For centuries, Christian missionaries have identified with Taiwan and dedicated their lives to this land. They became closely involved with the people and although there were not many of them, the influence of their actions on Taiwanese society has been far-reaching, even extending to our dietary habits.
At the start of the 20th century, my grandfather worked in a kitchen for Christian missionaries, where he saw them drink a glass of fruit juice before breakfast every morning. This confused him at first, but after a while he picked up the habit, making him possibly the first Taiwanese to do so. When my mother was a young girl, she lived at an elementary school run by female missionaries. When the girls living there first tried tomatoes, they thought they smelt and tasted strange, but later on they took a liking to them, making them the probably the first group of young Taiwanese females to develop a taste for tomatoes.
There are many great stories about missionaries in Taiwan that are both moving and admirable. Some took great risks to help Taiwan democratize, but their contributions have been largely forgotten.
During the White Terror era, the families of political prisoners felt a sense of shame and inferiority, and many of the political prisoners were rejected and kept at arms length by friends and relatives. They were humiliated and isolated without any help and had a hard time surviving.
This was a miserable state of affairs that nobody wanted to acknowledge and it was only a handful of missionaries that expressed true sympathy and compassion for their plight. Those missionaries raised money from around the world and privately helped the political prisoners. My mother participated in this work at a time when such behavior was a serious crime with terrible consequences if discovered.
Missionaries also faced other problems. First, their own governments were generally opposed to their citizens getting involved in other countries’ politics, especially on the side of dissidents or political prisoners. Second, the church headquarters in the missionaries’ home countries tended to side with the stance of their government. Finally, there has always been debate within Christianity about how to deal with violence. Pacifists believe violence should not be used in any circumstance, while others believe that violence is sometimes justified.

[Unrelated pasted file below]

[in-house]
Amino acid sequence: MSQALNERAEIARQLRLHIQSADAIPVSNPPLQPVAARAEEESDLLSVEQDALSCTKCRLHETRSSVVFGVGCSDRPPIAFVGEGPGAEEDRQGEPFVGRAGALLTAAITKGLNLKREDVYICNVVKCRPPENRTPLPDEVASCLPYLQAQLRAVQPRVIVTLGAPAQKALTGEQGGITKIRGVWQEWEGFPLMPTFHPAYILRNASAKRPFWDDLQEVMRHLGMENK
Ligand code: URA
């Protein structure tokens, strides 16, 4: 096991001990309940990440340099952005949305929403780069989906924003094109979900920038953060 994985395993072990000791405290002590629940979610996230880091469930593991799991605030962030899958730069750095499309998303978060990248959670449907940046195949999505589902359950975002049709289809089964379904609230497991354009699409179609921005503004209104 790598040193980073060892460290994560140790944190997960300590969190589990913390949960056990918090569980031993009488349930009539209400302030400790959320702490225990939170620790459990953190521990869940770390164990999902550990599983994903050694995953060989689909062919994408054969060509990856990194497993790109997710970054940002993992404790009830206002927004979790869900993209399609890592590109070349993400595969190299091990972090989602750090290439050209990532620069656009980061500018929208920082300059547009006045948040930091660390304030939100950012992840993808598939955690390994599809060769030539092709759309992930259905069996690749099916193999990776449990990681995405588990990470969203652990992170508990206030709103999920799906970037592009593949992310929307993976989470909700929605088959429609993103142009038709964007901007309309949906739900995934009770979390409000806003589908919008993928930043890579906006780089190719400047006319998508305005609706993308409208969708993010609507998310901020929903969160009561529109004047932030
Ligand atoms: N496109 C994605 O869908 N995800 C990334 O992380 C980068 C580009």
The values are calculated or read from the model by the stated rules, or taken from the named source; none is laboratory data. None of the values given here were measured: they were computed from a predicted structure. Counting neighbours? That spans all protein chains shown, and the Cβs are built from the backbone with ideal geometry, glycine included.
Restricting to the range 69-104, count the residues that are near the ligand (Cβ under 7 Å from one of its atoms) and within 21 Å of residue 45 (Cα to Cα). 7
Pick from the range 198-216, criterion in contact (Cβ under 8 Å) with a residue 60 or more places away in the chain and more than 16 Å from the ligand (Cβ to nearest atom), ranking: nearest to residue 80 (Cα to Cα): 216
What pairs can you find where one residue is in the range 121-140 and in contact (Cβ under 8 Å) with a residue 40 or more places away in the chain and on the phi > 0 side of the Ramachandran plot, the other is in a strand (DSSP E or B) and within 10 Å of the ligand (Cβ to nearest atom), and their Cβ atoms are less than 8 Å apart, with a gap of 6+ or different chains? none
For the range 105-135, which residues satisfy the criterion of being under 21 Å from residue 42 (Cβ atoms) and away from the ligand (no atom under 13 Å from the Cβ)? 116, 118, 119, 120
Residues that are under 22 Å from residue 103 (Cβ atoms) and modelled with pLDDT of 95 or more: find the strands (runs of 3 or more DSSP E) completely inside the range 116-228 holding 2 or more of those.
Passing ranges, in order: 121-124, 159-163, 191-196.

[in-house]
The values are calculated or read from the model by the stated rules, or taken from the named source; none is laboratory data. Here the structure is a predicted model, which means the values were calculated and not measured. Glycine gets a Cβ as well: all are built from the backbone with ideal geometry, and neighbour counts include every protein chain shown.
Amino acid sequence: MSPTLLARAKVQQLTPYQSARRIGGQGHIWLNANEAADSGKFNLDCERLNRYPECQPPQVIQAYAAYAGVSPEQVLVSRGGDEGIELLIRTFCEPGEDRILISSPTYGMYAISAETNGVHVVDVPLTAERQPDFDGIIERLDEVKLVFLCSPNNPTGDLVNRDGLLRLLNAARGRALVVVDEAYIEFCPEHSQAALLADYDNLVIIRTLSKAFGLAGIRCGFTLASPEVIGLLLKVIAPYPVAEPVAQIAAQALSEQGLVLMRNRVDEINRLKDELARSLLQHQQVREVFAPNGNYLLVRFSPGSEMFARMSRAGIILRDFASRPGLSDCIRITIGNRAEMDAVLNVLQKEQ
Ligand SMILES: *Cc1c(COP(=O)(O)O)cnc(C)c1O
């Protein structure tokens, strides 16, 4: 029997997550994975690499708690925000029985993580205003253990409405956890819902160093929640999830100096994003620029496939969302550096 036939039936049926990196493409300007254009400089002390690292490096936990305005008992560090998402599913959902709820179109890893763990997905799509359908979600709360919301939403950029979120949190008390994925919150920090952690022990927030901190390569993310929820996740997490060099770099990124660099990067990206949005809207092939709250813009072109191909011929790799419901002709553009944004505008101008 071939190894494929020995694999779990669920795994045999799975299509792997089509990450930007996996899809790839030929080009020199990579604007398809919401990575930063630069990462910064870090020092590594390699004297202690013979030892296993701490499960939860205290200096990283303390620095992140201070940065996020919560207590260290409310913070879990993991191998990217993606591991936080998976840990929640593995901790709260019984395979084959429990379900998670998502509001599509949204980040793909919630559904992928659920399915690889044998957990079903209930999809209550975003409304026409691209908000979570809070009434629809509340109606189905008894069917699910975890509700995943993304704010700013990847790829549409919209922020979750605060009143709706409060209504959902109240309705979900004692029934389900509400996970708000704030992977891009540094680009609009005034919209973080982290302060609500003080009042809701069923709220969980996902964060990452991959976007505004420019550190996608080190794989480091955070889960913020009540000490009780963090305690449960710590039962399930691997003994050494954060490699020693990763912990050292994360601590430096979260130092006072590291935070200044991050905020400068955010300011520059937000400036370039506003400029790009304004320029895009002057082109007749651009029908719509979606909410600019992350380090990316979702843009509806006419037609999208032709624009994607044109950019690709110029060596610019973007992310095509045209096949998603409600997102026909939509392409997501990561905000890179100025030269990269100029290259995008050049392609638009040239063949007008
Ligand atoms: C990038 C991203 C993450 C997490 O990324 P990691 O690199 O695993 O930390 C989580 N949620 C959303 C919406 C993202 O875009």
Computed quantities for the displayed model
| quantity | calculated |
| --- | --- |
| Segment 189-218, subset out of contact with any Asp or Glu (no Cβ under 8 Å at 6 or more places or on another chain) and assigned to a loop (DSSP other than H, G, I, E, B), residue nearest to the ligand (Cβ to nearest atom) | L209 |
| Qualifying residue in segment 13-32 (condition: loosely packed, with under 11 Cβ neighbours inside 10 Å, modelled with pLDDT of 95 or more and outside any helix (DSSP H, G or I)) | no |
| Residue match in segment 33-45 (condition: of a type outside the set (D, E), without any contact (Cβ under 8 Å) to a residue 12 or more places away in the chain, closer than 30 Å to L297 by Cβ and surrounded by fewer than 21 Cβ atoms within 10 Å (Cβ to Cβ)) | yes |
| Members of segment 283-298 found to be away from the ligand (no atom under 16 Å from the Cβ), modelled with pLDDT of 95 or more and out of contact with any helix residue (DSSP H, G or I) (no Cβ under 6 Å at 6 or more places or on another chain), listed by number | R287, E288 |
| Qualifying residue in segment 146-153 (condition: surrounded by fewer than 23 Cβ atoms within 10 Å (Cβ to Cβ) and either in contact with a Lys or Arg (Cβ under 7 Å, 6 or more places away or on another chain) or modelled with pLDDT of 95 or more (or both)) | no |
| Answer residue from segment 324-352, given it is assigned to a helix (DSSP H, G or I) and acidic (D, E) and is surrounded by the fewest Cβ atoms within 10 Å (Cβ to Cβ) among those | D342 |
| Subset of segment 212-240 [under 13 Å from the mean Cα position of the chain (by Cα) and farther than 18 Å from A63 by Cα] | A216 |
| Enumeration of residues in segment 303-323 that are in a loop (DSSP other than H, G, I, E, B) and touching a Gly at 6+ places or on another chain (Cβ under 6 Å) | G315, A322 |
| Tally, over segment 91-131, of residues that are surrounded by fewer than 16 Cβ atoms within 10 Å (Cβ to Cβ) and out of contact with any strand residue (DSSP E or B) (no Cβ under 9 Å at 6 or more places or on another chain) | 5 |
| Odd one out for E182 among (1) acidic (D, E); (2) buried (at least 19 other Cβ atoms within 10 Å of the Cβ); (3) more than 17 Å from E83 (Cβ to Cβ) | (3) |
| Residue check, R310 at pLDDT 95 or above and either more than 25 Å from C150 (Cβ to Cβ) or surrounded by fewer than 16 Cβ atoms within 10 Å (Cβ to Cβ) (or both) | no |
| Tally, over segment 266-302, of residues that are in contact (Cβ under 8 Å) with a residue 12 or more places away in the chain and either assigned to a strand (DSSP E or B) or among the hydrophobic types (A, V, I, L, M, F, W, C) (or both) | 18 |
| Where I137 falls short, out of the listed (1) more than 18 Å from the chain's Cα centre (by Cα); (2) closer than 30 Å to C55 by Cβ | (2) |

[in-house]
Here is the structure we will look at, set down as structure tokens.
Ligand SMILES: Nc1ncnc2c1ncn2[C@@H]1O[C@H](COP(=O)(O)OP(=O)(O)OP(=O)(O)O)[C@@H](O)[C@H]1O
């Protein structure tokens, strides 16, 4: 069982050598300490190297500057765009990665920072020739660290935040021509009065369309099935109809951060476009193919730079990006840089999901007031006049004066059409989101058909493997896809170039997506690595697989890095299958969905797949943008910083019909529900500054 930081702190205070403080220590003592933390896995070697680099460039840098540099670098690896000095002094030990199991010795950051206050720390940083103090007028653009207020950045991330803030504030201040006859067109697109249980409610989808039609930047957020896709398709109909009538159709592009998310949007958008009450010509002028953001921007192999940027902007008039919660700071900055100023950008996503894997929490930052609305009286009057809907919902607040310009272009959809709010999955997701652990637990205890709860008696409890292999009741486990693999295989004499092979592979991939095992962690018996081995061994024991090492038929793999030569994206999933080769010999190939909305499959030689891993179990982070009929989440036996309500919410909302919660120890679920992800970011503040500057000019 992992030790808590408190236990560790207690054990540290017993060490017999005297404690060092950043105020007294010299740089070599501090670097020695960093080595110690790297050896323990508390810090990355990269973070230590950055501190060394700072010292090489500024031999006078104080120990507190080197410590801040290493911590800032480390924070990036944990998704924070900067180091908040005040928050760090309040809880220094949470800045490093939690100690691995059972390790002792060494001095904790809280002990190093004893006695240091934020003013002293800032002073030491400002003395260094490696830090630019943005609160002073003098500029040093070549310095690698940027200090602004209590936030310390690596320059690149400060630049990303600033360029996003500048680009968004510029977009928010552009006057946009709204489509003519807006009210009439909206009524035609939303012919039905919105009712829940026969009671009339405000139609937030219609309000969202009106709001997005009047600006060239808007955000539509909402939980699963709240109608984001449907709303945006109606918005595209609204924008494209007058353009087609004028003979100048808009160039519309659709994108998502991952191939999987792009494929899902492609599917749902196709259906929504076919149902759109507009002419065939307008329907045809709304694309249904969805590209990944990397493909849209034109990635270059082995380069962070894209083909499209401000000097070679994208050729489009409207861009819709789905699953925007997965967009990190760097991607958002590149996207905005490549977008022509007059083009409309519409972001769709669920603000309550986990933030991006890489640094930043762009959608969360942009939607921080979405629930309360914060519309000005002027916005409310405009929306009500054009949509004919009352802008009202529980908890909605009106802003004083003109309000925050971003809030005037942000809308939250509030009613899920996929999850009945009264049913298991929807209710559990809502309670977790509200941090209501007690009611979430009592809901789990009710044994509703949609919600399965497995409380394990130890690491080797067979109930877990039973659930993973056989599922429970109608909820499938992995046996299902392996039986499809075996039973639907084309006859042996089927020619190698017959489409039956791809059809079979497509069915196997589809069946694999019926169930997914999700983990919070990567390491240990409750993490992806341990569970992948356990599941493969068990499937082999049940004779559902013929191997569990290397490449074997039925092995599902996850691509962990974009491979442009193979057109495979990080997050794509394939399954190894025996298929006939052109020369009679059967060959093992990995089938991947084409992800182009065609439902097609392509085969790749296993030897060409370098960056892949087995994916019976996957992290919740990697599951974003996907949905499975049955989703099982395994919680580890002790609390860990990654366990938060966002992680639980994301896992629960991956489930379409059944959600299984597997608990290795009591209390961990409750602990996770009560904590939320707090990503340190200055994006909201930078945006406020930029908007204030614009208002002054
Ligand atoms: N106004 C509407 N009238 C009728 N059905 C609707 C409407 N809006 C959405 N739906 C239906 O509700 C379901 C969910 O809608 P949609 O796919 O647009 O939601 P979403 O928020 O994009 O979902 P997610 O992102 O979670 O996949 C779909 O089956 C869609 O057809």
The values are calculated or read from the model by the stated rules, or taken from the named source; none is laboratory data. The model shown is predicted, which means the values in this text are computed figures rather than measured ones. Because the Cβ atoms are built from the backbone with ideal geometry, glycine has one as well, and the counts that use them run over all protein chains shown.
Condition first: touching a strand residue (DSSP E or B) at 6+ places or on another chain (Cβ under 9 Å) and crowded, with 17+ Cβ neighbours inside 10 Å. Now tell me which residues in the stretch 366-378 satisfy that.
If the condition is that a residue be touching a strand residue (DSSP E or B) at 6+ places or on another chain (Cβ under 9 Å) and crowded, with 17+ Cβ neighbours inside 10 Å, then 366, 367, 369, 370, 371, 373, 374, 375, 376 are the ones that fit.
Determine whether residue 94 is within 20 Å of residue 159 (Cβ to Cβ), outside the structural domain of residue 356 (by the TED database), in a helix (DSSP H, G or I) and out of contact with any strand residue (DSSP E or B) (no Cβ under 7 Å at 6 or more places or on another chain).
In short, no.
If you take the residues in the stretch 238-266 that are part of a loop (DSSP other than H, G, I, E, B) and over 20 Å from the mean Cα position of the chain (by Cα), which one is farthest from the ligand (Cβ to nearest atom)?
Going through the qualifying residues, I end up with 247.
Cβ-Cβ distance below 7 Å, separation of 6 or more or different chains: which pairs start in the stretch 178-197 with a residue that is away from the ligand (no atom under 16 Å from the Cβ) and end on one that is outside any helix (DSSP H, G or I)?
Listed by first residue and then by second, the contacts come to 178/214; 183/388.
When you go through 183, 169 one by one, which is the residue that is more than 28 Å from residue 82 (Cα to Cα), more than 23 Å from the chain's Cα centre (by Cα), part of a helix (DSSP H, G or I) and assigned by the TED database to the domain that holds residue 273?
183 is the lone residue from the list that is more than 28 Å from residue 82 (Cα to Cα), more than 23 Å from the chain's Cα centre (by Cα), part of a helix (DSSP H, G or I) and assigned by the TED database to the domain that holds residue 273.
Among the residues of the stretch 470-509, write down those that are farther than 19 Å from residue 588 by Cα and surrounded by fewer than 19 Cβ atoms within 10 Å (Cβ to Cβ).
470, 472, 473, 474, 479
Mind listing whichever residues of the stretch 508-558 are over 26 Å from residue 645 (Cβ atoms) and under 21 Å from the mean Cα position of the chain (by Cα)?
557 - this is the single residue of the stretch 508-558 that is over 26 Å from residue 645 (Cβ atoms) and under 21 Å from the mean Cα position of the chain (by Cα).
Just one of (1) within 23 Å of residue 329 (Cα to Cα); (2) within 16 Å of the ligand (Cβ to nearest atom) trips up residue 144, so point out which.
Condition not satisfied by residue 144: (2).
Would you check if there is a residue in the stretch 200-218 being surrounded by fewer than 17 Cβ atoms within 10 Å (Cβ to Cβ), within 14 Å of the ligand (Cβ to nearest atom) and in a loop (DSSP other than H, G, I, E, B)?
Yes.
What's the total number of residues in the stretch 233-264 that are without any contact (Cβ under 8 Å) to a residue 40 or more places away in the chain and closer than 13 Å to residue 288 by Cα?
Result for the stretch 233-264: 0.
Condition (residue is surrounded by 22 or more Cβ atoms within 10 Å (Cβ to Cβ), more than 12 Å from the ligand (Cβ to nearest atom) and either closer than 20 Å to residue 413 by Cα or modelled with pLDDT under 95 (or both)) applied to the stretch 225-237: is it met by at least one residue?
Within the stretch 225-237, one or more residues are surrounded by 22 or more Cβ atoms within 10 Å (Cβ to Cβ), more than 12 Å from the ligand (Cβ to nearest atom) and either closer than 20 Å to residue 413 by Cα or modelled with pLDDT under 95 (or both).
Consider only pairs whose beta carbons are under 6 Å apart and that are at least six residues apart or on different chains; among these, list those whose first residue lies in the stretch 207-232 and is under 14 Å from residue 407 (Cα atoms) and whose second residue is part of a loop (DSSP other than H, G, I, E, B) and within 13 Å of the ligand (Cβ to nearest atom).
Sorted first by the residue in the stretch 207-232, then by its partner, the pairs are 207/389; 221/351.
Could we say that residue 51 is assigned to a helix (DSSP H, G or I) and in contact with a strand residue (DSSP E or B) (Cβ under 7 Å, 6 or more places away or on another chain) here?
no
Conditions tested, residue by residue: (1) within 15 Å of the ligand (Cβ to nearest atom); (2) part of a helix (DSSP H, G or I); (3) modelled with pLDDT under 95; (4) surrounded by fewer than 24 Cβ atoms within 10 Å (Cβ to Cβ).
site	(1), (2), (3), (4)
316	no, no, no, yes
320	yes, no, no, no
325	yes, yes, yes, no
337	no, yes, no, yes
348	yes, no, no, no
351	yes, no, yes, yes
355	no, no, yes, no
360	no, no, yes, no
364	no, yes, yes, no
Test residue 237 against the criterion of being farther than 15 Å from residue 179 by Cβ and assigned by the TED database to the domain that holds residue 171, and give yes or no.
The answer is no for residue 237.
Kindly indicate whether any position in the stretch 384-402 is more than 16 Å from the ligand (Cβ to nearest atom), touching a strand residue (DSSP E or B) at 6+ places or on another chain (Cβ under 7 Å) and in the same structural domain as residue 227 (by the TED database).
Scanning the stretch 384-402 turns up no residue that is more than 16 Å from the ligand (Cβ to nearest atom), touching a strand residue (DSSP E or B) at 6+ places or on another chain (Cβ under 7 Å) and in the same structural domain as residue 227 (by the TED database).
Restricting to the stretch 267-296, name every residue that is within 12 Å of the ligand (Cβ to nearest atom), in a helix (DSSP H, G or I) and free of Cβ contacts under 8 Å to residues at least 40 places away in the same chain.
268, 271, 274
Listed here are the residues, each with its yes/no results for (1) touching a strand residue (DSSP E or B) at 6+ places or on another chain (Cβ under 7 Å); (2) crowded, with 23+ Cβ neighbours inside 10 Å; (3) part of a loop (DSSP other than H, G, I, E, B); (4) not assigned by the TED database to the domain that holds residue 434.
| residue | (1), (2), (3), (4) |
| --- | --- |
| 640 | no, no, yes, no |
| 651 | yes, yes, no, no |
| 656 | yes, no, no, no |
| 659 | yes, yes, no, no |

Taiwanese dissidents viewed the Martial Law era as an organized and systematic form of violence and when the missionaries saw how dissidents were arrested, tortured, interrogated and put to death, many of them agreed that violence was necessary to combat the government.
While helping the dissidents, missionaries essentially gave tacit permission for the use violence. In doing so, they not only went against the policies of their home countries, they also went against their respective church headquarters and make a very tough theological decision. There is no doubt that they came to this decision only after thorough deliberation.
Even more moving is the fact that these missionaries were subjected to unreasonable condemnation from the Chinese Nationalist Party (KMT) and the governments of their own countries, as well as unfair treatment. However, they never complained.
After Taiwan’s democratization, they remained humble about their contributions. Some of these individuals have passed away, while others are unwilling to discuss their role. Others believe that Asians are more concerned with spiritual matters, while Westerners are more interested in material life. However, the way I see it, Westerners have a much higher level of spiritual cultivation than many Asians.
Peng Ming-min is a former senior political adviser to the president.
Translated by Drew Cameron
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